Posting content from your website or even launching your website is such an anxious time. Worrying how will it perform in Google and whether it will reach as many people as you want it to. This is one of many reasons why you need to get your keyword game right.
Posting SEO-friendly inbound content can leave many business owners and marketers feeling anxious. What if your content marketing doesn't get enough exposure? Will it perform well in search engine results pages? Will it reach your target audience and how will they respond to it? Understanding what your businesses keywords should be and learning how to utilise them correctly will inevitably help towards fixing some of these issues.
Keywords are what define your content's purpose, it can be topic names such as photography, engineering, or whatever niche your organisation operates in. When it comes to Search Engine Optimisation, these are the words someone will put into Google to find what products and services you are selling. If what they are looking for matches closely with the content keywords on your website, then this will help towards ranking your website high up in search engine results pages. Of course, there are a whole host of other factors, thousands even, that search engine crawlers take into account to rank websites effectively. However, none of these factors holds precedence over your content.
Finding the right keywords for your website means getting the delicate balance between words and phrases with a high enough search volume to be worth your time, but still easy enough to rank for. Some keywords can be too specific and complicated that no one is actually searching for them, while others can be too vague. It is all about discovering the balance and being relevant and efficient. No one wants to spend time and energy driving the wrong kind of traffic to their site. Later on, we will discuss this further.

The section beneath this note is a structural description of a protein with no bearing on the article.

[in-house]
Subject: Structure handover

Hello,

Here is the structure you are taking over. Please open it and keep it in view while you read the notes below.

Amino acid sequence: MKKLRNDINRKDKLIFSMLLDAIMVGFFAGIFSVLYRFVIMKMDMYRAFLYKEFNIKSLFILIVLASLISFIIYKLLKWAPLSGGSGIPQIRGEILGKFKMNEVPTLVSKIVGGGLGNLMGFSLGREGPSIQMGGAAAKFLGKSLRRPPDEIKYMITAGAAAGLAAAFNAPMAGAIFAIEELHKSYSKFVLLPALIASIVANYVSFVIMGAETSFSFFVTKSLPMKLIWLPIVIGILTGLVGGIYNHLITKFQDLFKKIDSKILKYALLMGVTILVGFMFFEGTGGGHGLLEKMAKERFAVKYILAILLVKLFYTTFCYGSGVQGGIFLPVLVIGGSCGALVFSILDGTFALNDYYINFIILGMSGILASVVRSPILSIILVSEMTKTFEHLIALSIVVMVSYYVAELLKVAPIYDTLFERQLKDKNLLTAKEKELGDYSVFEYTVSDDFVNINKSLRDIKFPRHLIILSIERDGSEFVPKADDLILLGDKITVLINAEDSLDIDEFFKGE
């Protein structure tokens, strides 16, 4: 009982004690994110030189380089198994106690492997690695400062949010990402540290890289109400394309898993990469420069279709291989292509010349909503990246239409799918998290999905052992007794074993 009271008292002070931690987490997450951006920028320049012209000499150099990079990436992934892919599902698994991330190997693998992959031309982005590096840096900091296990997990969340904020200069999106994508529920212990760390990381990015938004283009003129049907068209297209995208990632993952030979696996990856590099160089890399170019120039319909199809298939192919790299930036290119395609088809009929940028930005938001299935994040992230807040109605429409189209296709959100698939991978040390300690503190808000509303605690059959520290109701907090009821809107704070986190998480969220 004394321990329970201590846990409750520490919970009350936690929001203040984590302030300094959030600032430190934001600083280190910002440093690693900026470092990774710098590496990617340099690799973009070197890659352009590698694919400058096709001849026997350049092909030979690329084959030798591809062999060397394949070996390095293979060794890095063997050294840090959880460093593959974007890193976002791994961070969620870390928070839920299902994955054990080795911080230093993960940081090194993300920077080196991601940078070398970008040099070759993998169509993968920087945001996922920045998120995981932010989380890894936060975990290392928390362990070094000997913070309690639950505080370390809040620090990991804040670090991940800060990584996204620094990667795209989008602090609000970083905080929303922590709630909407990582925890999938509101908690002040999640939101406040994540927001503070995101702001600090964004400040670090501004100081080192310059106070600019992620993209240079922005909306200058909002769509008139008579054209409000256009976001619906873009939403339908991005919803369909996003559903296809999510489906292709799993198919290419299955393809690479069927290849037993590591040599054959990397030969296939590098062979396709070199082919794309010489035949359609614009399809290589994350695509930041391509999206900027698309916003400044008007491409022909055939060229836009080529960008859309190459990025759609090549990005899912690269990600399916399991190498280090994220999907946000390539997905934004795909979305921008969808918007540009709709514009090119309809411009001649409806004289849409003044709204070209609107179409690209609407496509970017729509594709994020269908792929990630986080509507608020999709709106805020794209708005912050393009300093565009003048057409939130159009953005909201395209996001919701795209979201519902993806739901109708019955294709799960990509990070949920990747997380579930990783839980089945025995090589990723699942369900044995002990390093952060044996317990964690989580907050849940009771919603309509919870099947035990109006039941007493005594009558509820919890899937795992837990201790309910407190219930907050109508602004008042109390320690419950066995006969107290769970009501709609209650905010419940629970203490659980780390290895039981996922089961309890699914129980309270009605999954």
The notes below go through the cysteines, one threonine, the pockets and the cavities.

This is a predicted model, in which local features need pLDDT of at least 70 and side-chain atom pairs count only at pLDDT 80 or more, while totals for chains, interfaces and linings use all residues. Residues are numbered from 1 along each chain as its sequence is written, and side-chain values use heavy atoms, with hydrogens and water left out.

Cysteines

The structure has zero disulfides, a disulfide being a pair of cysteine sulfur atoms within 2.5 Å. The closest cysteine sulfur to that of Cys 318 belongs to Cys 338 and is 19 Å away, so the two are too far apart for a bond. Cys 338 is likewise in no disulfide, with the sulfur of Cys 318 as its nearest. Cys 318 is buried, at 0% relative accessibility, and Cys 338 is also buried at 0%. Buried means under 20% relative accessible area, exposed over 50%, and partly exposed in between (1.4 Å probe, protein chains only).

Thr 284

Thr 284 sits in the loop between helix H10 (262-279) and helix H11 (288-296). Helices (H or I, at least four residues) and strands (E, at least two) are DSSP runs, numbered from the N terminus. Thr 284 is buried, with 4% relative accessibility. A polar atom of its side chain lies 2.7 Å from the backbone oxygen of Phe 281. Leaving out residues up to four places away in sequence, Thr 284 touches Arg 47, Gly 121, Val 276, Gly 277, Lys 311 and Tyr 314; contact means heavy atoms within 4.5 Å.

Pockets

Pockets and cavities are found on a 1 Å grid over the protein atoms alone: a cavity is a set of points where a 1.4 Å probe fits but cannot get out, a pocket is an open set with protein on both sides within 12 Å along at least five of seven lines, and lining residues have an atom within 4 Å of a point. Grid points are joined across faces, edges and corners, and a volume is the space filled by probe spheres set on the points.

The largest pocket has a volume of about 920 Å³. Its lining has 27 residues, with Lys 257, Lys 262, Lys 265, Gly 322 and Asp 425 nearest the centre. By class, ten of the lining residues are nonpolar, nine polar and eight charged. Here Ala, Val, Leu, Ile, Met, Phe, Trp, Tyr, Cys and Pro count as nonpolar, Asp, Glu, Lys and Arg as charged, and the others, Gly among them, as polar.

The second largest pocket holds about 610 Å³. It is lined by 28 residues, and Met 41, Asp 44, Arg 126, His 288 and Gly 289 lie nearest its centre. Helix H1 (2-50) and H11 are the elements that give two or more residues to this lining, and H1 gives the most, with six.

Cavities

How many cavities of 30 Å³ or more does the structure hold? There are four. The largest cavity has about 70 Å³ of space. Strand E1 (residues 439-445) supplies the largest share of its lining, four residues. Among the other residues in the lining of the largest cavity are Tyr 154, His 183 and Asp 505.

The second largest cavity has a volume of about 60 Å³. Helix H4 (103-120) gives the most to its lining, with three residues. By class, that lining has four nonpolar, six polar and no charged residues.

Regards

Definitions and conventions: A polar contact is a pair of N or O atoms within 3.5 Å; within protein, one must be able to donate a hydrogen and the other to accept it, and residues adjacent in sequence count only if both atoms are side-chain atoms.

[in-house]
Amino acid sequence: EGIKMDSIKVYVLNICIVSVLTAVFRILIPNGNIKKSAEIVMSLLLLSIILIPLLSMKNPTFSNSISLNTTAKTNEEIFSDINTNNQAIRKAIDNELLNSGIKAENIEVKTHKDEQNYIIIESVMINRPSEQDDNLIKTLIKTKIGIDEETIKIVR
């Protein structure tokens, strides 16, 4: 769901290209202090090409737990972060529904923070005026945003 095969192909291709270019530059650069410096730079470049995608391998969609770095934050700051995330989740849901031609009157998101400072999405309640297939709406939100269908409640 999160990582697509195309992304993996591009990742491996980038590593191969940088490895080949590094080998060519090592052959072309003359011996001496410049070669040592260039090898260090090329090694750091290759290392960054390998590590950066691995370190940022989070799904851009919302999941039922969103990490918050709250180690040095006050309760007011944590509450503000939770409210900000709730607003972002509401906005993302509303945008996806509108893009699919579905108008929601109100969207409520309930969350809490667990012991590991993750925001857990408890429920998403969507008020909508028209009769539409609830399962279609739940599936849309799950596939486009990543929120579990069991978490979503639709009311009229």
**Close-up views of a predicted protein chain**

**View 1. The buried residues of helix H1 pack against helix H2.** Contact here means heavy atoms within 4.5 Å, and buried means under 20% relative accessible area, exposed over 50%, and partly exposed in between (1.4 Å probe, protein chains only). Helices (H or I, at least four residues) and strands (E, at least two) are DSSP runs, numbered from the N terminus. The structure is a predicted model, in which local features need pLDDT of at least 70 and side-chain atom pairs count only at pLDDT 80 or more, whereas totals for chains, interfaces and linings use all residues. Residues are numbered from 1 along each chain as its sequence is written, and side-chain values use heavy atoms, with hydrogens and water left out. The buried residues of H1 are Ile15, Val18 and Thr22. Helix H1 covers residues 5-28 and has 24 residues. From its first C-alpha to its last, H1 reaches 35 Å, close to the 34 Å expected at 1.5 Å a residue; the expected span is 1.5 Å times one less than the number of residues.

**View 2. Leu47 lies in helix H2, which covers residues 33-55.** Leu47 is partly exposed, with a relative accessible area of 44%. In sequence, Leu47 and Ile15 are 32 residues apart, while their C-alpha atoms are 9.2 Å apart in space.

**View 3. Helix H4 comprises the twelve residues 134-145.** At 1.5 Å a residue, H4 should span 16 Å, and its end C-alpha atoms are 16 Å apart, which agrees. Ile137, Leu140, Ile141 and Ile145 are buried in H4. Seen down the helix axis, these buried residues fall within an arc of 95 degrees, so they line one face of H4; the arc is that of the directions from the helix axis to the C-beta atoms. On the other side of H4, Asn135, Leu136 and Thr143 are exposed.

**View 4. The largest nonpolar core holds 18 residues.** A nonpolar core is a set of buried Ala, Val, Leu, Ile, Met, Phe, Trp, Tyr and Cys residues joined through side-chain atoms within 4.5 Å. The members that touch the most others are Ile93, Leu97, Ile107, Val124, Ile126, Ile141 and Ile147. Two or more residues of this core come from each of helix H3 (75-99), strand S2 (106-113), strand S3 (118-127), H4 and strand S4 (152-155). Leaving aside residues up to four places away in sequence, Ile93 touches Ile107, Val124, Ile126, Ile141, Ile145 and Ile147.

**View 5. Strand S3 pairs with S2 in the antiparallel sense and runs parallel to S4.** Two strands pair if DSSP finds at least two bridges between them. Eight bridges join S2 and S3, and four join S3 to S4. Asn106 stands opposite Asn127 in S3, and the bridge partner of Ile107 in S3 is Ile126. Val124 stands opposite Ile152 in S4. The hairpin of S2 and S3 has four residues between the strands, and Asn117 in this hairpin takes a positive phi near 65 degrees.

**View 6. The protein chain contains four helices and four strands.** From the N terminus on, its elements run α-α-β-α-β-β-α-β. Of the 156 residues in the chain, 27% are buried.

When researching your desired keywords, look at your audience’s language, idioms and slang, shorten words where necessary and avoid using over-complicated industry jargon. You can find this data by looking into some free tools that Google offer and viewing the Related Searches and people also asked section on search engine results pages.
Types of Keywords
There are many types of keywords and this is where things can start to get complicated, however, it does not have to be this way. Let’s breakdown the different types of keywords that you may come across and make life easier for us both… deal?
What Are Short-Tail Keywords?
These types of keywords usually consist of one or two words. For example, “Computer mouse,” is what would be considered a common keyword. It is a broad term that is used a lot, it doesn’t specify anything else about the mouse and doesn't denote user intent. you may assume that they are wanting to buy this product, but have no preference on colour, brand, performance, a preferred method of purchase, etc. You can learn more about optimising your website for search user intent here.